Members of the Millwood High Knights girls rugby team were one of the early arrivals at the rugby rally. The girls had messages of “Let Us Play” written on their face before the rally inside Ice Patch Hallow in Bedford. (Healey photo)

Abby Tramble, of Fall River, said it’s frustrating.

“Some of the girls are just getting into it and they’re having so much fun,” said Tramble. “It’s heartbreaking hearing this news. It’s not what any of us expected.”

In an internal memo, obtained by Global Halifax, the NSSAF, the governing body for high school athletics, said they came to the decision after a “thorough review of incident report data provided by the School Insurance Program.” In that data it showed that there have been 158 insurance claims as a result of soccer; 162 insurance claims as a result of football; 187 claimed as a result of hockey; and 454 claims under rugby.

In an interview with CBC N.S., Stephen Gallant, the federation’s executive director, said the decision was made at the organization’s first board meeting of the year. He said the reason had to do with the number of injuries being sustained by rugby players.

“This was not a knee-jerk reaction today. This has been an ongoing discussion for the board after last May,” said Gallant.

The incident Gallant refers to from May 2018 saw a PEI student die after suffering a head injury during a school rugby game at a tournament.

Progressive Conservative Leader Tim Houston called on the NSSAF to reinstate high school rugby.

“Rugby has been such a good thing for so many students who made the decision to play,” says Houston. “Like many sports, it’s an activity that instills positive self-esteem and team work.”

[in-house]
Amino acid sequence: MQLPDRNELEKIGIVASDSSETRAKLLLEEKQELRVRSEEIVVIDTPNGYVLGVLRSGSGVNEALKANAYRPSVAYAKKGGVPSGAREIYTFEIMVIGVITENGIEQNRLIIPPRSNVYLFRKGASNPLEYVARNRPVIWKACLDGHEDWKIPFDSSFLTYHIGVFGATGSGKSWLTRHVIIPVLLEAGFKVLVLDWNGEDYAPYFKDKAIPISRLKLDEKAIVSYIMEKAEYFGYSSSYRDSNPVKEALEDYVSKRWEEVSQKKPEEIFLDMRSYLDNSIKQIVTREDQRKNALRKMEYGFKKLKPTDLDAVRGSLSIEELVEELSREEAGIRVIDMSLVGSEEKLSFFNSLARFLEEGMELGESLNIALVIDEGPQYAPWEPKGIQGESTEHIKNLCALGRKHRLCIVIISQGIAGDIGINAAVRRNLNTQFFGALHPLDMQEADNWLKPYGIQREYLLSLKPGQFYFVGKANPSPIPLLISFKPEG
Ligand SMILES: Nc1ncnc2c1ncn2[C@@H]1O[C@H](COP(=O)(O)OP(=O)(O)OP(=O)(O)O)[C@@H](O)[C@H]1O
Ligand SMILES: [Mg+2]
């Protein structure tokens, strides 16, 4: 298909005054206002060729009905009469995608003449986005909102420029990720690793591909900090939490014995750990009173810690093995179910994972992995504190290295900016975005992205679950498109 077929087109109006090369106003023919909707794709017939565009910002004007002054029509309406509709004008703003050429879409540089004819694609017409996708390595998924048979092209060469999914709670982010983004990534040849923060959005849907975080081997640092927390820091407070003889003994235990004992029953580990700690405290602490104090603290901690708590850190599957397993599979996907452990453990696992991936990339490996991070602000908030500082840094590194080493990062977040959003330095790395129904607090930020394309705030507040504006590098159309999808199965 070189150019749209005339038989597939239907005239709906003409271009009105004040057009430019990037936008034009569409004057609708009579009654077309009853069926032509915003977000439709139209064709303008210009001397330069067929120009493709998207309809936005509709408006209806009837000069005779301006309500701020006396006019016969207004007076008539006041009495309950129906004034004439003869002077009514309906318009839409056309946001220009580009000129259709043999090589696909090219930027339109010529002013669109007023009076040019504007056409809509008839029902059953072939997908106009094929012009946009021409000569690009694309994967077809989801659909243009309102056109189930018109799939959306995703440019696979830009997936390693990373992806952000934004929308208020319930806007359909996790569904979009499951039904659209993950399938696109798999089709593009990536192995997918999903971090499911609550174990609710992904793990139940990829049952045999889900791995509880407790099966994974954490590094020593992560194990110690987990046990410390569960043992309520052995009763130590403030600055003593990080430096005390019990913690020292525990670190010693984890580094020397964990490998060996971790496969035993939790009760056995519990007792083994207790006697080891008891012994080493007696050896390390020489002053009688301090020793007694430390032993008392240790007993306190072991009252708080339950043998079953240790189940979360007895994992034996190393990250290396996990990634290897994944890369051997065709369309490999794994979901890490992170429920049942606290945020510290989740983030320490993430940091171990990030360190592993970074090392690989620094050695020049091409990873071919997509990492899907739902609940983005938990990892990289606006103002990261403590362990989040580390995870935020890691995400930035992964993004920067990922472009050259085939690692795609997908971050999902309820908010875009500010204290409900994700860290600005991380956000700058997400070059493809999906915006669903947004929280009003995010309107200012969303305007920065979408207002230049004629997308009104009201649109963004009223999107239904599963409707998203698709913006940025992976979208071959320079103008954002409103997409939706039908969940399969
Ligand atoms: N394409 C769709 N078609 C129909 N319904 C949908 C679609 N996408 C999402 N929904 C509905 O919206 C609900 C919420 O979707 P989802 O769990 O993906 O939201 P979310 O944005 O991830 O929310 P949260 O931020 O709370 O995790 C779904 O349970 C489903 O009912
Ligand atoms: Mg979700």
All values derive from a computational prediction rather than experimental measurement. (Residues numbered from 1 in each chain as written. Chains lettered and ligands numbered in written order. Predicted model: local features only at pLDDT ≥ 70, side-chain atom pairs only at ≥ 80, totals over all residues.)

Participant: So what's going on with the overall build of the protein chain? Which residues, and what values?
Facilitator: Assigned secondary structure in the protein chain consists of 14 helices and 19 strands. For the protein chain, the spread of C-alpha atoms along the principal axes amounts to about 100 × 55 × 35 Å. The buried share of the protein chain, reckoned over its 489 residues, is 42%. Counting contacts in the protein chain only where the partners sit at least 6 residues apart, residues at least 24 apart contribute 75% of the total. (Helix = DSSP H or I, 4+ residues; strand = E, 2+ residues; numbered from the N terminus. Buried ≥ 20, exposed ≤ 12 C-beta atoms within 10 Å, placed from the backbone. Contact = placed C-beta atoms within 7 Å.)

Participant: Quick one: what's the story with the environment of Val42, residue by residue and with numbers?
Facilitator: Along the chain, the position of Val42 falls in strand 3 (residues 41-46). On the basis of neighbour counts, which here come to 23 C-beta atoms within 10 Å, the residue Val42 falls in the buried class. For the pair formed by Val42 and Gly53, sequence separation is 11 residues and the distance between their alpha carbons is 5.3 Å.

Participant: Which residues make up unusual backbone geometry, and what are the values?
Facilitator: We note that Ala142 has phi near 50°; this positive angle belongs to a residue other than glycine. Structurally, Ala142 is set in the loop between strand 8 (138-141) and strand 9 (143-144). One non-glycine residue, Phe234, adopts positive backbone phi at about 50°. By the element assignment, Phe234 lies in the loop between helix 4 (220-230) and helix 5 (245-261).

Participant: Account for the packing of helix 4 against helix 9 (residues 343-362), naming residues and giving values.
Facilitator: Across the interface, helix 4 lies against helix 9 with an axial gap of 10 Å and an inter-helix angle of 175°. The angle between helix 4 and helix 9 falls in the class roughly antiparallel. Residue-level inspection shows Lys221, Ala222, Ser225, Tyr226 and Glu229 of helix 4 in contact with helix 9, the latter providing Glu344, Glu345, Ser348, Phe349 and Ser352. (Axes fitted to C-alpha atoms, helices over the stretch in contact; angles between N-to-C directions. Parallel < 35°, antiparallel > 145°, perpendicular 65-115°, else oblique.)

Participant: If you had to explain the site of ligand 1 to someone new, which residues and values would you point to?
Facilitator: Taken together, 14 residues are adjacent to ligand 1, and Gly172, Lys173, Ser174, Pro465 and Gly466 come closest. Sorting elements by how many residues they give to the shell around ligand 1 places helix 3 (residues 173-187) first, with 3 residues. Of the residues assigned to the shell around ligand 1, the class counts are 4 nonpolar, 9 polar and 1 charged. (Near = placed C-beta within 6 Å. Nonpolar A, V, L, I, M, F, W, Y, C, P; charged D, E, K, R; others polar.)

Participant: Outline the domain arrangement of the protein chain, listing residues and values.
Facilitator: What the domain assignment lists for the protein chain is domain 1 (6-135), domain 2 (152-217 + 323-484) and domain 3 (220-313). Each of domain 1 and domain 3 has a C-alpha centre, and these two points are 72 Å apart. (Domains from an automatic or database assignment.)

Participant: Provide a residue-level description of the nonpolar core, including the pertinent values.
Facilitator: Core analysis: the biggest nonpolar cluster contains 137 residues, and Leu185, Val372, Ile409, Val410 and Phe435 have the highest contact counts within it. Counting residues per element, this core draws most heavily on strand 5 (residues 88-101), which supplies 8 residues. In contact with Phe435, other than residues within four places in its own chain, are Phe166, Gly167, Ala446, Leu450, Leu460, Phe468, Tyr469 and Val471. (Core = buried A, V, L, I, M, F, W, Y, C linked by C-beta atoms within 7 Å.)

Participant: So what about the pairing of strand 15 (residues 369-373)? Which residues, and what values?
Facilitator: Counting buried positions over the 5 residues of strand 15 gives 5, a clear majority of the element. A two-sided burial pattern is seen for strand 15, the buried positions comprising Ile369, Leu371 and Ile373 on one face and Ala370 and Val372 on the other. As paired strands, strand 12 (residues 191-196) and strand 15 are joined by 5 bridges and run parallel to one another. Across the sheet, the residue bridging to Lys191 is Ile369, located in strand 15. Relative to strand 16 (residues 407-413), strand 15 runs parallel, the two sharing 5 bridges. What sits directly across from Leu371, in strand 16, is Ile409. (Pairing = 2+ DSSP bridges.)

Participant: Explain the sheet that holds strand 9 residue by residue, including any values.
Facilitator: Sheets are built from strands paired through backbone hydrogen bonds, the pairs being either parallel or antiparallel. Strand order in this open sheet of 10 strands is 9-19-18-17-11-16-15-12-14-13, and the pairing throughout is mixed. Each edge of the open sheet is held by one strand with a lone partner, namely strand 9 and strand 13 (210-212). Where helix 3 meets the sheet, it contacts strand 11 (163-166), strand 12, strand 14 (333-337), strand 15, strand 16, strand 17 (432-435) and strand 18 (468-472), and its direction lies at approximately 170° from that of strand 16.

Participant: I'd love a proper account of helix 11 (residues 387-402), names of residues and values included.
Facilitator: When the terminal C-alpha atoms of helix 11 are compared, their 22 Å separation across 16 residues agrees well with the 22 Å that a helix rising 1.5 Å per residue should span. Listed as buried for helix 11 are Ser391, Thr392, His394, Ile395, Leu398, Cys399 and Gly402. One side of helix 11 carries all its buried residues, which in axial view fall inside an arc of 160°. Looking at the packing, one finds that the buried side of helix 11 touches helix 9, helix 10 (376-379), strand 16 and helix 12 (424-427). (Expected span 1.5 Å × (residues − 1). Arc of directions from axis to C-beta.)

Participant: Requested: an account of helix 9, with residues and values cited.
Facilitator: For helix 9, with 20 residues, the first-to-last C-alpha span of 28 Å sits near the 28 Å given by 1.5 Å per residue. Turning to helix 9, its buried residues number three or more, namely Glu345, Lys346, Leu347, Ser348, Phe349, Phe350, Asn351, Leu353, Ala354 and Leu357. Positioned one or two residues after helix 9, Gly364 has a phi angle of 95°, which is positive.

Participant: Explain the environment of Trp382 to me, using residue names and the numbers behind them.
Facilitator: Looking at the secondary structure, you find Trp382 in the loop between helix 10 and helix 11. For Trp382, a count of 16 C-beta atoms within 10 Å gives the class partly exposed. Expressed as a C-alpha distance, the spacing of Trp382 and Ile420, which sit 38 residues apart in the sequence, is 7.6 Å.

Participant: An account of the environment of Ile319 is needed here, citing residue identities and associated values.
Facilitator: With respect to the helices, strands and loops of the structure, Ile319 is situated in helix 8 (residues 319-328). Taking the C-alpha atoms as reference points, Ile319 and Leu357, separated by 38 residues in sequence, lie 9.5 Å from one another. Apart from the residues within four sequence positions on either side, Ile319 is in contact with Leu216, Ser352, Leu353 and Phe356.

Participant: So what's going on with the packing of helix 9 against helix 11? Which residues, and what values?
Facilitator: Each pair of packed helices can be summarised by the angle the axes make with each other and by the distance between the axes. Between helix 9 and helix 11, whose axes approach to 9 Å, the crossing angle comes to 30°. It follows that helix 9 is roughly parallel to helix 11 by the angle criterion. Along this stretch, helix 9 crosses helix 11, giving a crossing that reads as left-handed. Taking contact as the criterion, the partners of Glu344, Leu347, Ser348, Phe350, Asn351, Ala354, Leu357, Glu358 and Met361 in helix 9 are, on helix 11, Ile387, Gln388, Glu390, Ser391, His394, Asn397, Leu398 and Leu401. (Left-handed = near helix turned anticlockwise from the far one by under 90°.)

Houston says the announcement was shortsighted and, if anything, should have come with adequate notice, not part way through the season.

“Students who chose this sport and have flourished because of it are now left with nothing to do,” he said in a May 3 release.

“This has been ripped away from them abruptly and without warning,” says Houston.

Houston noted women’s rugby is the fastest growing sport in Canada and this decision will have a disproportionate impact on female athletes.

Savannah Wheatley of the Lockview Dragons girls rugby team smiles as the face-painter finishes up the “Let Us Play” message on her face at the rugby rally, which was quickly organized following the NSSAF’s decision to remove the high school sport. (Healey photo)

However, many gathered in Bedford did term the removal as a knee-jerk reaction by the NSSAF in interviews.

Lockview’s Caitlyn Gannon said many of the players don’t understand why the NSSAF made their decision, considering other sports have more serious injuries.

“We could be looking at solutions to safety instead of just getting rid of the sport,” said Gannon, of Fall River. “There are things that could be done to make it more safe as far as regulations, then taking it away.”